The recombinant (r) VvpM protein [13, 14] was kindly provided by Prof. Kyu-Ho Lee (Sogang University, Korea). We assessed the rVvpM protein for LPS contamination using an endotoxin quantitation kit (Pierce® LAL Chromogenic Endotoxin Quantitation Kit, Thermo Fisher Scientific Inc. Waltham, MA, USA). The level of endotoxin in 100 pg/mL of rVvpM was less than 0.003 EU. Thus, we suggest that rVvpM is a purified recombinant protein containing a very low level of endotoxin and that it is suitable for our experiments in this study.

Reverse transcription polymerase chain reaction (RT-PCR) and quantitative real-time PCR

Total RNA was extracted using the RNeasy Plus Mini Kit (Quiagen, Valencia, CA, USA). Reverse transcription (RT) was carried out with 3 μg of RNA using a Maxime RT premix kit (iNtRON Biotechnology, Sungnam, Korea). The cDNA (5 μl) for MT1, MT2, Muc2, and β-actin were amplified using the following primer pairs: MT1, 5′- TCCTGGTCATCCTGTCGGTGTATC-3′ and 5′-CTGCTGTACAGT TTGTCGTACTTG-3′; MT2, 5′-TCCTG GTGATCCTCTCCGTGCTCA-3′ and 5′-AGCCAGA TGAGGCAGATGTGCAGA-3′; Muc2, 5′-CAGCTCATCTCGTCCGTCTC-3′ and 5′-GCTGGCTGGTTTTCTCCTCT-3′; β-actin, 5′-AACCGCGAGAAGATGACC-3′ and 5′- AGCAG CCGTGGCCATCTC-3′. The real-time quantification of Muc2 was conducted using a Rotor-Gene 6000 real-time thermal cycling system (Corbett Research, New South Wales, Australia) with a QuantiMix SYBR kit (PhileKorea Technology, Daejeon, Korea) according to the manufacturer’s instructions. β-Actin was used as an endogenous control.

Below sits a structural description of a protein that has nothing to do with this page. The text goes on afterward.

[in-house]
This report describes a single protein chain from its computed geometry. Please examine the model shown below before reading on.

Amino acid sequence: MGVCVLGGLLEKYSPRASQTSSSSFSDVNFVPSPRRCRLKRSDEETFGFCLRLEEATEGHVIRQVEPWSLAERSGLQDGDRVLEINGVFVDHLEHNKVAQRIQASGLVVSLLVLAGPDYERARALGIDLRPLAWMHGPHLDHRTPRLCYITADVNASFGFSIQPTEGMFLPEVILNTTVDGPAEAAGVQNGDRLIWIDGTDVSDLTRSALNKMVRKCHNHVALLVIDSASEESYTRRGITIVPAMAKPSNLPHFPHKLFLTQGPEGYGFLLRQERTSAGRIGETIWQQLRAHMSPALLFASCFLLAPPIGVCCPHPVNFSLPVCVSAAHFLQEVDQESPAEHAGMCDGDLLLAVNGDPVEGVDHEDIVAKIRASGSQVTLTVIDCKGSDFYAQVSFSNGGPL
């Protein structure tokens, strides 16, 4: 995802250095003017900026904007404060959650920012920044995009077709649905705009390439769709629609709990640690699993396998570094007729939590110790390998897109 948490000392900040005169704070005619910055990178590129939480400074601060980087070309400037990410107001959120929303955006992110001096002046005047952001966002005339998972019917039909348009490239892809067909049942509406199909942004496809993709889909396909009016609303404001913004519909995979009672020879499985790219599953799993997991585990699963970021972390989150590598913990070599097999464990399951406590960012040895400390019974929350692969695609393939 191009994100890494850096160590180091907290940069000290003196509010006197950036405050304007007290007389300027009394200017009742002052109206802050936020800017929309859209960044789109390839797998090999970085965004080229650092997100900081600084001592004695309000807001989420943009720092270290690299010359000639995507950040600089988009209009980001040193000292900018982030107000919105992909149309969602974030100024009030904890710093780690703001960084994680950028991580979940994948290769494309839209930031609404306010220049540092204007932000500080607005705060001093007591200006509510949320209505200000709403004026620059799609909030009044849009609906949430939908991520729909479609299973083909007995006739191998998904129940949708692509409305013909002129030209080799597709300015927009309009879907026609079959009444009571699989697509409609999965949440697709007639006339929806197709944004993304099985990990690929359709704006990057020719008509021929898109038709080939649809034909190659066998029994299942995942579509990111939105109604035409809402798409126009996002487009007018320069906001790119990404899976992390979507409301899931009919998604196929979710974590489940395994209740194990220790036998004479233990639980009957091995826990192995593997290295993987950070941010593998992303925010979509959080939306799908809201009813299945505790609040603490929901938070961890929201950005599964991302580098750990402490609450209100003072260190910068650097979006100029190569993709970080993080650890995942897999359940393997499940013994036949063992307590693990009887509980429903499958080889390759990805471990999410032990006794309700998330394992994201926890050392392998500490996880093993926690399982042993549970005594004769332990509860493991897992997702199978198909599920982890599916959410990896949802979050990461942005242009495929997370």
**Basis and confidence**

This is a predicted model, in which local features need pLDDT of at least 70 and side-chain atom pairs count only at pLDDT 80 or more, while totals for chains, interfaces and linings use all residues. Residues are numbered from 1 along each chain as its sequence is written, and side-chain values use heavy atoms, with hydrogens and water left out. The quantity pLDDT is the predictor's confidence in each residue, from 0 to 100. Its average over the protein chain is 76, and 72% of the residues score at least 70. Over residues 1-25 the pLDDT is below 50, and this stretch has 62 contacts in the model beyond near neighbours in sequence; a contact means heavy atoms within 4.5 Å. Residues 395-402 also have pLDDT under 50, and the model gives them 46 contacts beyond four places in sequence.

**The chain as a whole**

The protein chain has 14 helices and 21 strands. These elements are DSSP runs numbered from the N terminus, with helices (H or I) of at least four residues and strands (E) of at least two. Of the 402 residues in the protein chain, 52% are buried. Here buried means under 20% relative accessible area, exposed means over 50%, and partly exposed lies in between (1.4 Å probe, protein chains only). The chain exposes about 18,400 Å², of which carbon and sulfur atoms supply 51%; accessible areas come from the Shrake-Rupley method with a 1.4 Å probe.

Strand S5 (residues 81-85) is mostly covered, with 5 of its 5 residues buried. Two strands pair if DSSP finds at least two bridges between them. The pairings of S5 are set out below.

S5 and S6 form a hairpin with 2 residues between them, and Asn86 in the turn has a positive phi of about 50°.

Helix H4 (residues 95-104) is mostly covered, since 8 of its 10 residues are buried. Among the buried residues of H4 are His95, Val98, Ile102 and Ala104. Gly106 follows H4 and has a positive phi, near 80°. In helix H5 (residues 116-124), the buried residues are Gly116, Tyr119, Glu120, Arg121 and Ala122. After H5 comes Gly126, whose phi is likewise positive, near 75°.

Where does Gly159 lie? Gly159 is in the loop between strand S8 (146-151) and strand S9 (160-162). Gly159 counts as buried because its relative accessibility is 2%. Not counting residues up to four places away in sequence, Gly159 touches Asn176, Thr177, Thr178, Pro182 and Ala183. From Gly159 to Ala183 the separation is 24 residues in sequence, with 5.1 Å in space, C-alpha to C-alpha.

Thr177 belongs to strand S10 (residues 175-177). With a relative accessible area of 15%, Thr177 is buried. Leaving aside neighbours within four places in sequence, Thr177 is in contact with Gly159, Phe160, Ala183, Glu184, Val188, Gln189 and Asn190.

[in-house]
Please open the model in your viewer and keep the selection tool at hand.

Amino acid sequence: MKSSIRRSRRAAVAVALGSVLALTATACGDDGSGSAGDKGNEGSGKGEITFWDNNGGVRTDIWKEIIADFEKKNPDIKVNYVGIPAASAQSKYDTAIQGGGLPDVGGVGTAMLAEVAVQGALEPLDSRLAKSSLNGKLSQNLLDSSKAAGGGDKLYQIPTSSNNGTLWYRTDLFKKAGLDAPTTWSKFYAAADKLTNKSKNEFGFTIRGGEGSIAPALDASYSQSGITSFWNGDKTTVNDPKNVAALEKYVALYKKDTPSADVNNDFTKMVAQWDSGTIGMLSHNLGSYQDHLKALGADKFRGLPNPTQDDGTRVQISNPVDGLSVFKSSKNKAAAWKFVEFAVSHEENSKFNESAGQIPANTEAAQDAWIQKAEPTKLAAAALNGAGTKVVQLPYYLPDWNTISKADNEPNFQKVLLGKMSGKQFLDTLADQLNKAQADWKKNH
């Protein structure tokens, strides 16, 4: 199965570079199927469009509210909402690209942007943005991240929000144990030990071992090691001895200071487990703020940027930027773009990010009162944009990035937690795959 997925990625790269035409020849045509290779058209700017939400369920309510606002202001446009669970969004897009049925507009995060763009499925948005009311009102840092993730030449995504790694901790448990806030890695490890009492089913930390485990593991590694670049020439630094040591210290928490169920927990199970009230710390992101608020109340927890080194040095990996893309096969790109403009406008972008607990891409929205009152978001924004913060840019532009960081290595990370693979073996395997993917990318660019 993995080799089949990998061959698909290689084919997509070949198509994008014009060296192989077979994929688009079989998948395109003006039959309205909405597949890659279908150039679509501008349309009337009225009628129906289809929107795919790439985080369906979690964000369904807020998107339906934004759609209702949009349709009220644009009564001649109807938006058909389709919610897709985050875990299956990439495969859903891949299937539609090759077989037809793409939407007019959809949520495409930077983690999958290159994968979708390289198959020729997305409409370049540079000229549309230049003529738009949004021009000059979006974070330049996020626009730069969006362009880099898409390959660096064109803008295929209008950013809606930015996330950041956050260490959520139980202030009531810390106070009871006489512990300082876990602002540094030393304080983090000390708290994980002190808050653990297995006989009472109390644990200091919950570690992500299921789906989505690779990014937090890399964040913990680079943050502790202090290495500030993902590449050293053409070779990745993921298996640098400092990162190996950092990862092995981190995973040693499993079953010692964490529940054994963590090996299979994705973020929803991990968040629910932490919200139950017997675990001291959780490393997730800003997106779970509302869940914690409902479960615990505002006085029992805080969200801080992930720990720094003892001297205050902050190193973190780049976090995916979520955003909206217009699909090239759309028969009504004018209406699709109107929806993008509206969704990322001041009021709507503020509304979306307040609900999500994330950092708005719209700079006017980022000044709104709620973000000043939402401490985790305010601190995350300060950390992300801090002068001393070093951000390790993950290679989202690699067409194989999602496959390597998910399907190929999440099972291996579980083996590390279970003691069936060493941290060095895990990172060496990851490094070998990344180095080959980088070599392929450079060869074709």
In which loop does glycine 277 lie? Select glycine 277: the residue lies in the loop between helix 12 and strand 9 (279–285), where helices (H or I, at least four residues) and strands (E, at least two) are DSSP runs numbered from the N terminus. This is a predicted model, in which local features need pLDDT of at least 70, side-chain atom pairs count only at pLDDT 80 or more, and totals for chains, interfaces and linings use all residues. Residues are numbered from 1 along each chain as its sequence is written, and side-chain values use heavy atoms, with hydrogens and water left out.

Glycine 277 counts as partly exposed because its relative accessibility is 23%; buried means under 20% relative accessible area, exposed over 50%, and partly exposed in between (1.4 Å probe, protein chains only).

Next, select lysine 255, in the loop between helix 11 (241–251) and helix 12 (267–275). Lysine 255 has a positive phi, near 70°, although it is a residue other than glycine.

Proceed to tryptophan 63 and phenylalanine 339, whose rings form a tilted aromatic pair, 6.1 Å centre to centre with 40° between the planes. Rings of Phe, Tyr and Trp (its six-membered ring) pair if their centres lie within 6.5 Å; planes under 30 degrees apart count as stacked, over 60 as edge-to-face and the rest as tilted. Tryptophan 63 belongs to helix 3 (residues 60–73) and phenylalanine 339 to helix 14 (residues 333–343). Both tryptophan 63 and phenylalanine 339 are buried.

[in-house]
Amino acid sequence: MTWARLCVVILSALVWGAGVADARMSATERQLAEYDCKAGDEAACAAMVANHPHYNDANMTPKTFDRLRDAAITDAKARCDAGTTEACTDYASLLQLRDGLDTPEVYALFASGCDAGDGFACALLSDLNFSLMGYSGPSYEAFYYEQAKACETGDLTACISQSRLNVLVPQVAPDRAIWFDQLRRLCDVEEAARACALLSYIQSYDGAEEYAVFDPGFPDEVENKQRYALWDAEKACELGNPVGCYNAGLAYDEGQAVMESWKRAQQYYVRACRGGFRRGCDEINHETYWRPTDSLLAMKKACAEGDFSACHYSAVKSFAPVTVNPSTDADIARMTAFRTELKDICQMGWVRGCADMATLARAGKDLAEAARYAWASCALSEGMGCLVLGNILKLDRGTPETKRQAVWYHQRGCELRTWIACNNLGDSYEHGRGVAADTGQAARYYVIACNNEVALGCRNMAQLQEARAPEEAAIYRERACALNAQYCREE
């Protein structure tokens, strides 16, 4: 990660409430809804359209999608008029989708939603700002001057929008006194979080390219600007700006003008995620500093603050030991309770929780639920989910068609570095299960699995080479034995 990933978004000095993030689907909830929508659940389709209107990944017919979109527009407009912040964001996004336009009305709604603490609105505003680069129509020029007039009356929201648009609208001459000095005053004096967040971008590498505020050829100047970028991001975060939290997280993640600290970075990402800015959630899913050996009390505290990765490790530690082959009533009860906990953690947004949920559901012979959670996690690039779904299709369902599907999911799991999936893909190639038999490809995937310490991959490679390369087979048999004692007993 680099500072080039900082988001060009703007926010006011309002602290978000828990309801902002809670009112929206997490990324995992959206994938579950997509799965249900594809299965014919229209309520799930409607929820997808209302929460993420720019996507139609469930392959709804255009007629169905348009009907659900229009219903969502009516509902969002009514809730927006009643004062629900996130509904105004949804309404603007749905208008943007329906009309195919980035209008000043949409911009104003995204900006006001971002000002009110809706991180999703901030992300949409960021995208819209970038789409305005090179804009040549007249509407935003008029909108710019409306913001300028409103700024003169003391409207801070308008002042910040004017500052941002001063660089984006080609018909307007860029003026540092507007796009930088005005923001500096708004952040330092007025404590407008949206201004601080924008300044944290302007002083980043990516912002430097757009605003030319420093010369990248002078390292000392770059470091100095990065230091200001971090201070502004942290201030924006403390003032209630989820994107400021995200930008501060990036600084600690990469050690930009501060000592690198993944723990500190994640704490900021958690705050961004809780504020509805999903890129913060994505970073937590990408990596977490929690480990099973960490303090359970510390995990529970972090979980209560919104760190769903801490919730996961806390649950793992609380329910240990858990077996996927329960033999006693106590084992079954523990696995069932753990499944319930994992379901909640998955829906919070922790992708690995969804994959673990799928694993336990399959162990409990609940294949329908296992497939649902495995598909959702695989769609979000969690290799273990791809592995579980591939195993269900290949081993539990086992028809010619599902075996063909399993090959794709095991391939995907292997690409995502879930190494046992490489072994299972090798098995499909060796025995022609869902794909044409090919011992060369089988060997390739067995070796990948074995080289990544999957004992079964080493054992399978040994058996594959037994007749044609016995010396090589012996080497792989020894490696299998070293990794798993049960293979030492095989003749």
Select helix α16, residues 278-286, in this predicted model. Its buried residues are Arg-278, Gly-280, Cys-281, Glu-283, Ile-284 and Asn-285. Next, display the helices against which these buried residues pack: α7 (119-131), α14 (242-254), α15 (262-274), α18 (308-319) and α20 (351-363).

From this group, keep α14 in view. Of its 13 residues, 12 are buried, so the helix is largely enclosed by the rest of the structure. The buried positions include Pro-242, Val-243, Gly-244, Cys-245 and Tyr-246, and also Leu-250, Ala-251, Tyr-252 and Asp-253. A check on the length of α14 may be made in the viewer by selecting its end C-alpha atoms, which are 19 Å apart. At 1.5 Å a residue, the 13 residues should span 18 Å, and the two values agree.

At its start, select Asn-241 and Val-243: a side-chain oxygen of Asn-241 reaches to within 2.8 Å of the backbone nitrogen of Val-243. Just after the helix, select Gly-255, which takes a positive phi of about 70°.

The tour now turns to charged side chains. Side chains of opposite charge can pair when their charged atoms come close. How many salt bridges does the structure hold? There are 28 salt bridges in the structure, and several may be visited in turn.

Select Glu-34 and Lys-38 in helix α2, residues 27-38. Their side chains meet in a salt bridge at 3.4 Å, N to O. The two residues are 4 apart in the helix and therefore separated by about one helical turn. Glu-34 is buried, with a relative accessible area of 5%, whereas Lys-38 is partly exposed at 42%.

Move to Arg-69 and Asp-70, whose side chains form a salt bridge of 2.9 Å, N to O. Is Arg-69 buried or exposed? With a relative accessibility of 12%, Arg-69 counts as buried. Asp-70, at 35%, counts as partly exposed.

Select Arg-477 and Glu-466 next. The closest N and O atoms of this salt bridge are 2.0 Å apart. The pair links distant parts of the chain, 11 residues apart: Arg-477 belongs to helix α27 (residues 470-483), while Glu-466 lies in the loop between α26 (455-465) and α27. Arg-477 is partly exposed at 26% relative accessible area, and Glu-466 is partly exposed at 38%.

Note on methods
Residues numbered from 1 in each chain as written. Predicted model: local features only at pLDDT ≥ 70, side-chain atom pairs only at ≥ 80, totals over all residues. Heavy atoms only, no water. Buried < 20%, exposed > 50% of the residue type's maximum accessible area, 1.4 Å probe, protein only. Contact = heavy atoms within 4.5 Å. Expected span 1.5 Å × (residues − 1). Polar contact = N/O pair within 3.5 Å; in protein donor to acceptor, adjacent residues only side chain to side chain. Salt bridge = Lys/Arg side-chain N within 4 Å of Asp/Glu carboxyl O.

Small interfering (si) RNA transfection

Cells were grown until 75% of the surface of the plate was covered and were then transfected for 36 h with ON-TARGETplus siRNAs mixed with six different siRNAs specific for MT2, Gαq, Gαi, Gα12, NCF1, PKCδ, and ERK (GE Dharmacon, Lafayette, CO, USA) or non-targeting (nt) siRNA as a negative control (GE Dharmacon, Lafayette, CO, USA) with the HiPerFect transfection reagent (QIAGEN, Valencia, CA, USA) according to the manufacturer’s instructions. The siRNA efficacy rates for MT2, Gαq, Gαi, Gα12, NCF1, PKCδ, and ERK as determined by Western blots were 68, 71, 70, 68, 66, 75, and 64%, respectively (data not shown).

Intracellular reactive oxygen species (ROS) detection

2′,7′-dichlorofluorescein diacetate (CM-H2DCFDA) was used to detect the production of intracellular ROS. To quantify the intracellular ROS levels, cells treated with 10 mM DCF-DA were rinsed twice with ice-cold PBS and then scraped. A 100 μL cell suspension was loaded into a 96-well plate and examined using a luminometer (Victor3; Perkin-Elmer, MA, USA) and a fluorescent plate reader at excitation and emission wavelengths of 485 and 535 nm, respectively.

Western blot analysis